Rampion (Campanula rapunculus). The tubers resemble tiny potatoes and were once popular in salads and as a table vegetable. It is still cultivated to some extent in France, Germany, and Switzerland. Historically, it was grown as a garden vegetable even during Roman times, with the center of cultivation in the Rhine Valley. Its Latin name means little turnip, and it was evidently an important food among the Gauls and early Germans, perhaps with some now lost sacred connections. Numerous folk legends survive dealing with personifications of this tuber, including the famous Grimm fairy tale about Rapunzel, and the story of the first king and queen of ancient Polandthe queen's name was rampion.

Soldier orchid (Orchis militaris). Found in temperate regions of Europe and Asia, this tuber was often gathered and prepared like a small potato. It was also used in medicine and in the preparation of salep (see adder's grass). Because the tubers resemble testicles, they were thought to enhance male sexuality. As the common name implies, the tuber was often employed as a forage food by armies on the move.

Taro (Colocasia sp. ). This group of tubers includes two cultivated species as well as the closely related genus Alocasia, all of which appear to originate in southern India. Some Indian historians claim that taro was brought under cultivation over 10,000 years ago, although this is not firmly established. Whatever the date, it is clear that taro is one of the most ancient of the cultivated Old World tubers. It spread to Egypt by the first century C.E. and then to many parts of the Mediterranean. The Spanish and Portuguese brought it to the New World. The history of taro and its many forms is taken up in further detail below.

Yam (Dioscorea sp. ). Yam is a loose term covering some 600 species, of which about ten are cultivated for food. Many member of this genus are poisonous or require processing to remove toxins in order to make them safe for consumption. The common name derives from a West African word nyami, but the botanical origin is thought to be Sri Lanka or Southeast Asia. Since this is such a large and economically important group, yams are treated separately below. Yams are now found in tropical regions throughout the world.

North America (United States and Canada)

In terms of naturally occurring and domesticated native tubers, North American biodiversity is relatively sparse. Most of the edible tuberous plants that exist here were employed by native populations prior to European contact. Very few of these plants were acculturated by Europeans except under frontier conditions or during times of scarcity. The introduction of the sweet potato in the South and the potato in cooler parts of the continent more or less preempted the domestication of potentially important native tuber crops that might offer nutritional alternatives better adapted to soil and climate. Only the Jerusalem artichoke (Helianthus tuberosus ) has played a minor role doubtless because of its similarity to the potato when cooked. The following list is by no means complete, but it does list the primary tubers known to native peoples.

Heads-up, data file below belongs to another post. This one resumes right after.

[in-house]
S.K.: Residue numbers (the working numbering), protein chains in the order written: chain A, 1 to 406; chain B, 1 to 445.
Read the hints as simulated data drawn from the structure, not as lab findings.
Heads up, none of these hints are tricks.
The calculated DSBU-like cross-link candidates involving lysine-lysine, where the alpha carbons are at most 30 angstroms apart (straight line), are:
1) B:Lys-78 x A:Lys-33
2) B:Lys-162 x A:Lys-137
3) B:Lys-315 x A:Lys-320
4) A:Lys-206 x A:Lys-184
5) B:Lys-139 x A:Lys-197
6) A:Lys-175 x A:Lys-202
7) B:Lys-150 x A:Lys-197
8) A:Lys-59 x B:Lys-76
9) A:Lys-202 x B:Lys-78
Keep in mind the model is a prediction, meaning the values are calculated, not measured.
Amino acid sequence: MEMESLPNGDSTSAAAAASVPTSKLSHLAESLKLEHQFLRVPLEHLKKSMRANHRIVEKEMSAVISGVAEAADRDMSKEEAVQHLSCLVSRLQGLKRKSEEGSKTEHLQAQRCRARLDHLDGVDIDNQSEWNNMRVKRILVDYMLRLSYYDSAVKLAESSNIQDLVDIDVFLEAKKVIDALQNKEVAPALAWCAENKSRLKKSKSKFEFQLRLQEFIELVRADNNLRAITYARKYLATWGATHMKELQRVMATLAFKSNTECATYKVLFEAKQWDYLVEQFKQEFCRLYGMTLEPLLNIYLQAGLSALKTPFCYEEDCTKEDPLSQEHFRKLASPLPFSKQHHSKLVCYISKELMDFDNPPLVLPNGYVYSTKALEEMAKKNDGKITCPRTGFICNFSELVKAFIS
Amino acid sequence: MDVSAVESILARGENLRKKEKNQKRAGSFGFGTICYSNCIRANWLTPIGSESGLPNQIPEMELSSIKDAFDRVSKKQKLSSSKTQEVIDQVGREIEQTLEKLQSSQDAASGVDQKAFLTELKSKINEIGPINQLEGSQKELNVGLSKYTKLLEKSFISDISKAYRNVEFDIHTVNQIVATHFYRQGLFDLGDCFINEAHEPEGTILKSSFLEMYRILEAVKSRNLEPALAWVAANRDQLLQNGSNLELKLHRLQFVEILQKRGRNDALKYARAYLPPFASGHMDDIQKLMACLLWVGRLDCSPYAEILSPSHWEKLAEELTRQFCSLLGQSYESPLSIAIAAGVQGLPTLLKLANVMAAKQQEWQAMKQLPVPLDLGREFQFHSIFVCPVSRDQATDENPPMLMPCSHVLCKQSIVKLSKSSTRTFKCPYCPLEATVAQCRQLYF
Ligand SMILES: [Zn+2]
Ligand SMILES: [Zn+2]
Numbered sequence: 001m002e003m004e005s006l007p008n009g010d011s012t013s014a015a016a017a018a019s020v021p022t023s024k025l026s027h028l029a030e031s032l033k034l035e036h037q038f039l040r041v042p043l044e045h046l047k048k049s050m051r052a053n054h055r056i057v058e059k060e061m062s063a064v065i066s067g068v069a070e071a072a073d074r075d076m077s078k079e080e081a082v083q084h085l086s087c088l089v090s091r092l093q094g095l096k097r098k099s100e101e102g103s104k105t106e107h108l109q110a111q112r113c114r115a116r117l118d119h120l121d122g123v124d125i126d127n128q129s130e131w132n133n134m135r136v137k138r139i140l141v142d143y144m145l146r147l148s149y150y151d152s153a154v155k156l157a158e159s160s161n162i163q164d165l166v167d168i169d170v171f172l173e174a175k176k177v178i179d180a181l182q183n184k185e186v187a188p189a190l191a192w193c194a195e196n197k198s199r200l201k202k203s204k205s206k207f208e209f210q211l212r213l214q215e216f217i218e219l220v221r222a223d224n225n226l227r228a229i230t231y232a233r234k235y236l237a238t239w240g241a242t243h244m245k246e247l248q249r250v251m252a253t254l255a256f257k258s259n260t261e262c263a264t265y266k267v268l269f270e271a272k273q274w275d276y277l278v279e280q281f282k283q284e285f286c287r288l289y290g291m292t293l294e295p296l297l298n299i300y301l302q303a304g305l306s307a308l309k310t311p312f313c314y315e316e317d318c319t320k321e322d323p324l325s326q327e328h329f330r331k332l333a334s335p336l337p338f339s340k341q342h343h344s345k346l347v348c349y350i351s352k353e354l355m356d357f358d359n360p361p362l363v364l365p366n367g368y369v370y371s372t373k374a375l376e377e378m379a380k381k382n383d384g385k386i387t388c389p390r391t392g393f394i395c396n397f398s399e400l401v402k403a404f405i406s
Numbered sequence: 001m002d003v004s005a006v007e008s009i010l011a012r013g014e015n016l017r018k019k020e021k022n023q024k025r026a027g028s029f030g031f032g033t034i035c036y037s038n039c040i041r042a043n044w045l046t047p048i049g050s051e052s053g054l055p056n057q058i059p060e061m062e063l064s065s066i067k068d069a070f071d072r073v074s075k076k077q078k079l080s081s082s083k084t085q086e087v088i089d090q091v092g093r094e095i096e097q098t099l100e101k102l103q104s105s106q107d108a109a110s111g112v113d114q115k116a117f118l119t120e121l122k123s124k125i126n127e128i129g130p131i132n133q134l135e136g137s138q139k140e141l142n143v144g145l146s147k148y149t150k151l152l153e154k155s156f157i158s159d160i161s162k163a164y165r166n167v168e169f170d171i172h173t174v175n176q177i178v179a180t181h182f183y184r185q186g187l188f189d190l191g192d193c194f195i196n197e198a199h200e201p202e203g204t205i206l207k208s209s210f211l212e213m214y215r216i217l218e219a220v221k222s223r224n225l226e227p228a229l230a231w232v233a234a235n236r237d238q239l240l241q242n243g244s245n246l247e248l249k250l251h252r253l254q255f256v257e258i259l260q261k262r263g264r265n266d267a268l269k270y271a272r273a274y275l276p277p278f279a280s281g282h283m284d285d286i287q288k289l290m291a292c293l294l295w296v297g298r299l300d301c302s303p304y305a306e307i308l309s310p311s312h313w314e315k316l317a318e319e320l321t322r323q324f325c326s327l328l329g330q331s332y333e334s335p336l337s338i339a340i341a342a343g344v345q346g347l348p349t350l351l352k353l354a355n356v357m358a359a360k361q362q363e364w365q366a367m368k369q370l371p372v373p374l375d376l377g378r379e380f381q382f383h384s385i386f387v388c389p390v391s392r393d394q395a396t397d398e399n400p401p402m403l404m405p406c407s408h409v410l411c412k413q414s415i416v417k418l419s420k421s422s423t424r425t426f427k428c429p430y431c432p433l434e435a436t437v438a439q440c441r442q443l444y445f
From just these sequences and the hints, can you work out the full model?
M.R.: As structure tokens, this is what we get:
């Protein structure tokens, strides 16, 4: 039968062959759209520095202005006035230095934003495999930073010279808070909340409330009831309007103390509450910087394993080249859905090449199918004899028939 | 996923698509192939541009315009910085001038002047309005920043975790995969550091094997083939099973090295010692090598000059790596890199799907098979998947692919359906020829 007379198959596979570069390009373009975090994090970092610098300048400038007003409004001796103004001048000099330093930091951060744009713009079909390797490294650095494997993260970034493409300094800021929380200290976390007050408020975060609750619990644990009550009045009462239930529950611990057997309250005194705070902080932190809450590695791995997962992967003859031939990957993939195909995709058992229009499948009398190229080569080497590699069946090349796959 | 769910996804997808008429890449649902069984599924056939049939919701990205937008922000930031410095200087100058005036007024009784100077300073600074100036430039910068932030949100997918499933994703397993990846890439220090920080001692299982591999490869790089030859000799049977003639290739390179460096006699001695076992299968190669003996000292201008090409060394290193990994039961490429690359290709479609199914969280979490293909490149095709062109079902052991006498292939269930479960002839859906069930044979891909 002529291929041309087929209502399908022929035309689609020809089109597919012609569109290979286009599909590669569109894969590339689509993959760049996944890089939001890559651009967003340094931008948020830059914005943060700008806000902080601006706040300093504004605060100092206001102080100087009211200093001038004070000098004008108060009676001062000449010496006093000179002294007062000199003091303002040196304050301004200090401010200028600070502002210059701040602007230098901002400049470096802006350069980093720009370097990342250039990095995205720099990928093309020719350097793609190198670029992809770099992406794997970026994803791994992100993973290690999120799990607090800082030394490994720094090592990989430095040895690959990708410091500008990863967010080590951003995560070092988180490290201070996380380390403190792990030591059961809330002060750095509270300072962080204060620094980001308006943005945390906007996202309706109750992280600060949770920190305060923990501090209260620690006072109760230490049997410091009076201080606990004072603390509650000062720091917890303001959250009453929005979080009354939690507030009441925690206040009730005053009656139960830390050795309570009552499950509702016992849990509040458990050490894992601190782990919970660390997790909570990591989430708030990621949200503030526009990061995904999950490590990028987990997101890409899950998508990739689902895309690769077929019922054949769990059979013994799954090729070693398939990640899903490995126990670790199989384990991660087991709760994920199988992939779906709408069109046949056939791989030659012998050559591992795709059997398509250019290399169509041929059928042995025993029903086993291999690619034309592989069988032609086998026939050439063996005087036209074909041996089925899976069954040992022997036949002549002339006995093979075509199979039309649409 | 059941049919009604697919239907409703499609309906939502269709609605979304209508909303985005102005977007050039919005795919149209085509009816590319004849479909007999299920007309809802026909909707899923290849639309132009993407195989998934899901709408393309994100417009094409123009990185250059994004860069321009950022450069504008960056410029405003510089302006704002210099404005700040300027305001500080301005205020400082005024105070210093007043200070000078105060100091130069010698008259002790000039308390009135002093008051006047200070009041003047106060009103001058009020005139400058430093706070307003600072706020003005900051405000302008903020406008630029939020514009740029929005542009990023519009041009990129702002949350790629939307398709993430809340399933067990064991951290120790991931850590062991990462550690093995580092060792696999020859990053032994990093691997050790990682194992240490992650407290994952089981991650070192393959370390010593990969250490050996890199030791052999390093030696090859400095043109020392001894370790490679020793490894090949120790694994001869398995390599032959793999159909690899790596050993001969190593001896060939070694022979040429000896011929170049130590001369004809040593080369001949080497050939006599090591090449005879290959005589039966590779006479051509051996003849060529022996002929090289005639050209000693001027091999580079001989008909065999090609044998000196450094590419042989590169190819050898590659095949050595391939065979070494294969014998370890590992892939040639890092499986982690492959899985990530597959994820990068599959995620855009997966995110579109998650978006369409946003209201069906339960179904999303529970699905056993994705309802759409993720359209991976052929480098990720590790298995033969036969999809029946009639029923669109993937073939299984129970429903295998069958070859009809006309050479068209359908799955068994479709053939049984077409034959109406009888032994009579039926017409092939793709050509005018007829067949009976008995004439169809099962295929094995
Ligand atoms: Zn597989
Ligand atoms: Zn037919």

Arrowhead (Sagittaria sagittifolia). Found all over continental United States and Canada, it is known by many Indian names, the most common being wapatoo. The tuber tastes like a potato and can be sun-dried for use in the winter. A closely related species, sessile-fruited arrowhead (Sagittaria rigida ) is found only in the eastern North America. Both plants are aquatic. It is also important to note here that European and Asian arrowhead, formerly treated as separate species, are now grouped together, thus this plant is in fact found throughout the Northern Hemisphere.

Bush morning glory (Ipomoea leptophylla). A native of the Great Plains, this was once collected for its tuber, which resembles a sweet potato. The tuber has also been classified as a root, although the distinction here is hazy. Some plants produce unpleasantly bitter or tough tubers, while others are starchy or even pleasantly sweet. These differences may be environmental. The tuber may be eaten raw or cooked and is excellent when sliced and sun-dried.

Groundnut or bog potato (Apios americana). Sweet and starchy, these small tubers contain about 17 percent crude protein and are therefore among the most nutrient rich of all the New World tubers, more so even than the potato. They can be eaten raw or prepared like potatoes, or added to soups and stews like beans or peas. There is considerable breeding being undertaken to develop commercially feasible crops, with over ten named cultivars in circulation among experimental growers at the present time. The commercial advantage of this tuber is that it can be grown on marginal land and it is not subject to a large number of pests.

Jerusalem artichoke (Helianthus tuberosus). First noted by Europeans about 1605, the Jerusalem artichoke has experienced numerous cycles in popularity over the ensuing centuries. It was promoted by French agricultural writers Antoine Parmentier (1789) and especially by Victor Yvart (1790) who wrote a treatise on the subject, and is even mentioned by American cookbook author Amelia Simmons in 1796. Rich in inulin, the Jerusalem artichoke was widely cultivated by native peoples in North America, especially in the Midwest where it is thought to have originated.